Read the current Progressive Forage digital edition

What to watch for in 2020

Progressive Forage Editor Joy Hendrix Published on 06 January 2020
input costs illustration

If you’ve been producing in any aspect of agriculture for a while, it is not a surprise that input costs can fluctuate from year to year. Knowing what to expect annually and budgeting correctly can be a challenge for all producers, no matter how many years they’ve been in the industry.

Knowing what to expect from input costs can help a production minimize expenses in order to maximize profits. Interest rates, custom rates, labor, power costs, fuel, fertilizer, chemicals, seeds and cash rent can all be incurred as input costs. Here are some specifics to watch for in the coming year:

Production costs

Seed prices saw a slight increase from 2018 for 2019 and are expected to remain consistent into 2020. Most other production inputs decreased slightly from 2018, including pesticide, fuels and oils, electricity, fertilizer, lime and soil conditioner. Production costs for 2020 are projected to stay in the same range as 2019 prices, and any change that occurs is not projected to be drastic. Feed costs for cow-calf operations are projected to see a slight increase in 2020 but remain statistically the same as 2019.

Labor costs

Labor costs continue to rise and are projected to remain an issue for those in agriculture. As the national unemployment rate drops, cost of labor increases. Additional immigration policy implementation and H2A changes make labor the biggest unknown input costs facing producers. Labor costs are projected to rise, and producers may struggle finding the amount of labor needed at a reasonable cost. Labor costs are projected to continue to increase in 2020 as these issues continue.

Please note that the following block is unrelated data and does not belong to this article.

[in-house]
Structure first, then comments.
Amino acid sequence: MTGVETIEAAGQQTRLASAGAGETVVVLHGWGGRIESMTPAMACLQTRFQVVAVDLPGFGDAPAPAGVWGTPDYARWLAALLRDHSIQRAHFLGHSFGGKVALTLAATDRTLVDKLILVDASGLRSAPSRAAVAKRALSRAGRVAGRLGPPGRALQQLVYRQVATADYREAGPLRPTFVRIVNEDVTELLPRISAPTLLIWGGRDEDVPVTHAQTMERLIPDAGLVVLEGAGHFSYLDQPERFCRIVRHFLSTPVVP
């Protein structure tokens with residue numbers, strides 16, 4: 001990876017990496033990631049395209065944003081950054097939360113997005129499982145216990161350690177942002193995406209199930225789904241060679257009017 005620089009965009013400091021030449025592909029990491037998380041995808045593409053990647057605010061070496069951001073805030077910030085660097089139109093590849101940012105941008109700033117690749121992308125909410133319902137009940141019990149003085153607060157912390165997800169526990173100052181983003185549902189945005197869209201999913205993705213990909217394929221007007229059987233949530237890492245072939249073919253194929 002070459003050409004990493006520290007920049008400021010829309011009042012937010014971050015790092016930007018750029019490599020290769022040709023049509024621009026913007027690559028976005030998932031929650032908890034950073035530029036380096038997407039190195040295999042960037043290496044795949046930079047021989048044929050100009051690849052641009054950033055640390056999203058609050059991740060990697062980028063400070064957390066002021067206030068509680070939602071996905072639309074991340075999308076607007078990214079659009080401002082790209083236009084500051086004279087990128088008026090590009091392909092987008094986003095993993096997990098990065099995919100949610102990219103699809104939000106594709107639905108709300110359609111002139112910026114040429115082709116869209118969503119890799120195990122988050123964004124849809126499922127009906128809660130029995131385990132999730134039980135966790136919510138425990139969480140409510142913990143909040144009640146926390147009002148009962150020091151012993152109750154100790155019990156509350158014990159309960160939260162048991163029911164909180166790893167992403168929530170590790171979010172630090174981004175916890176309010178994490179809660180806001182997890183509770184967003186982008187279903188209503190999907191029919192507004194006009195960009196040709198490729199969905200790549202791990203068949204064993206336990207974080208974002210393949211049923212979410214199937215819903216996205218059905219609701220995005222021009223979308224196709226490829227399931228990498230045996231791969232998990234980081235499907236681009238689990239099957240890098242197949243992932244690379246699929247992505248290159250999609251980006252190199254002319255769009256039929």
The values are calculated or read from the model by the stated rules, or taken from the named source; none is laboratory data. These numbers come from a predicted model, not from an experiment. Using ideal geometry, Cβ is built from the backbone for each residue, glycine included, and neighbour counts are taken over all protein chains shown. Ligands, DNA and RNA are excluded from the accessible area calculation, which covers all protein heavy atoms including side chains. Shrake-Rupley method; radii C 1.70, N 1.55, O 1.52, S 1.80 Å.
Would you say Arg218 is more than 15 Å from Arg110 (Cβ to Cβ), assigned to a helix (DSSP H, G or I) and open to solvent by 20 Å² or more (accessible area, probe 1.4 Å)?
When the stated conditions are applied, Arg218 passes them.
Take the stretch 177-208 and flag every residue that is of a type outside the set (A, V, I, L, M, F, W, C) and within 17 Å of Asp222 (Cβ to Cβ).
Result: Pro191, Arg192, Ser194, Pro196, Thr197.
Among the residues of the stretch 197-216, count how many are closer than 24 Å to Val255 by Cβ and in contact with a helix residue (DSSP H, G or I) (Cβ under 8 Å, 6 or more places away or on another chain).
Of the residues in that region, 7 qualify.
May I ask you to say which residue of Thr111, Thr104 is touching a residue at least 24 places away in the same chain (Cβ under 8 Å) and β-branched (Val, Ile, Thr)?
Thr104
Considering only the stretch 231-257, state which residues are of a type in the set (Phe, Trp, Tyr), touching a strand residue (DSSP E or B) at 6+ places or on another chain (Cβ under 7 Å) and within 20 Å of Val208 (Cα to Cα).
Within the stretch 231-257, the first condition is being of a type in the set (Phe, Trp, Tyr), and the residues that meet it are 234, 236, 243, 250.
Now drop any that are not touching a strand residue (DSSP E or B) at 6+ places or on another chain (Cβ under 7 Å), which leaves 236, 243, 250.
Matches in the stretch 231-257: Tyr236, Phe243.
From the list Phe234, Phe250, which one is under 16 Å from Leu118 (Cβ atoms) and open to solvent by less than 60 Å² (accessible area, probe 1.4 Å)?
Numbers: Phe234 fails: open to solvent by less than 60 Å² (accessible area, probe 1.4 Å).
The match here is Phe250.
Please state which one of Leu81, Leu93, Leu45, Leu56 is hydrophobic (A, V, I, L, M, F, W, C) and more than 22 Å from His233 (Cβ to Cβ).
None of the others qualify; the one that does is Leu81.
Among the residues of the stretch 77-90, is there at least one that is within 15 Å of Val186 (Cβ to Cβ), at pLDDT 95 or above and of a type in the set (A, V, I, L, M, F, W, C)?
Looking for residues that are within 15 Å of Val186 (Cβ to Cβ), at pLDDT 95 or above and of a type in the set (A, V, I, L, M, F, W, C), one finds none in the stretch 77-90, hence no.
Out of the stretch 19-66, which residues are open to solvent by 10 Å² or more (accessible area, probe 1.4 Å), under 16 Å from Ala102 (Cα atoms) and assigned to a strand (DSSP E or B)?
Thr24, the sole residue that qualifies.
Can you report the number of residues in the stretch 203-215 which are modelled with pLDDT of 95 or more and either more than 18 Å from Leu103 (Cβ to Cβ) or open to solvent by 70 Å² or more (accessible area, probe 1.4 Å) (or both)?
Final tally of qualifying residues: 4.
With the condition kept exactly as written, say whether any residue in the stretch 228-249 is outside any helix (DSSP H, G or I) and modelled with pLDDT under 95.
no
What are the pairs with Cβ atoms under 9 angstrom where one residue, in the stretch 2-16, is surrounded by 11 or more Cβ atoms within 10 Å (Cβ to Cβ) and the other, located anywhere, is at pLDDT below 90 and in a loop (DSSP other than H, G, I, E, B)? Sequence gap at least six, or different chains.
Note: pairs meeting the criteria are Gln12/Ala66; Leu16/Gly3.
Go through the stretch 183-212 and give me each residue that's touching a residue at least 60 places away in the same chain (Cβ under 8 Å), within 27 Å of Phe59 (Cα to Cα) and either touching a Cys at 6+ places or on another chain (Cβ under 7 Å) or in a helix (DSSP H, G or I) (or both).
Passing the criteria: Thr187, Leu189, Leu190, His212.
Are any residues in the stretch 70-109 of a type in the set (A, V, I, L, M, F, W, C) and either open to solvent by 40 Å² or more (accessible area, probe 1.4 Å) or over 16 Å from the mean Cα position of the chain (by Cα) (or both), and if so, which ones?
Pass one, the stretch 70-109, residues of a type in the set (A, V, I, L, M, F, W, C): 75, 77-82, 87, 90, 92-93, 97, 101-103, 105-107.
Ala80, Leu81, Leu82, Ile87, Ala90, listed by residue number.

Interest rates

U.S. agricultural interest rates are rising and are causing more producers to turn to high interest rate loans that are putting more risk into the operation. Real estate loans increased on average 44% from 4.53 in 2018 to 6.53 in 2019. Operating loan averages also increased from 4.64 to 5.61 (20% increase). Feeder livestock averages increased 17% from 4.48 to 5.23. Farm machinery loan averages increased 32% from 4.48 to 5.90. Interest rates are expected to continue to increase in the coming year.

Trade issues

In addition to labor issues, export and trade issues will have a major impact on commodity prices in the coming year.

Rising prices in inputs affects net farm income and increases the overall cost of production, reducing a producer’s profit margins. Coupling this with commodity prices could mean trouble for some producers that rely on a small profit margin. Producers may want to consider purchasing contracts for inputs to lock in costs.

Recent and historical reported input costs can be found at the USDA website.  end mark

—Compiled from a presentation by University of Idaho Extension Ag Outlook Seminar

“Joy Hendrix
  • Joy Hendrix

  • Editor
  • Progressive Forage
  • Email Joy Hendrix

PHOTO: Illustration by Kristen Phillips.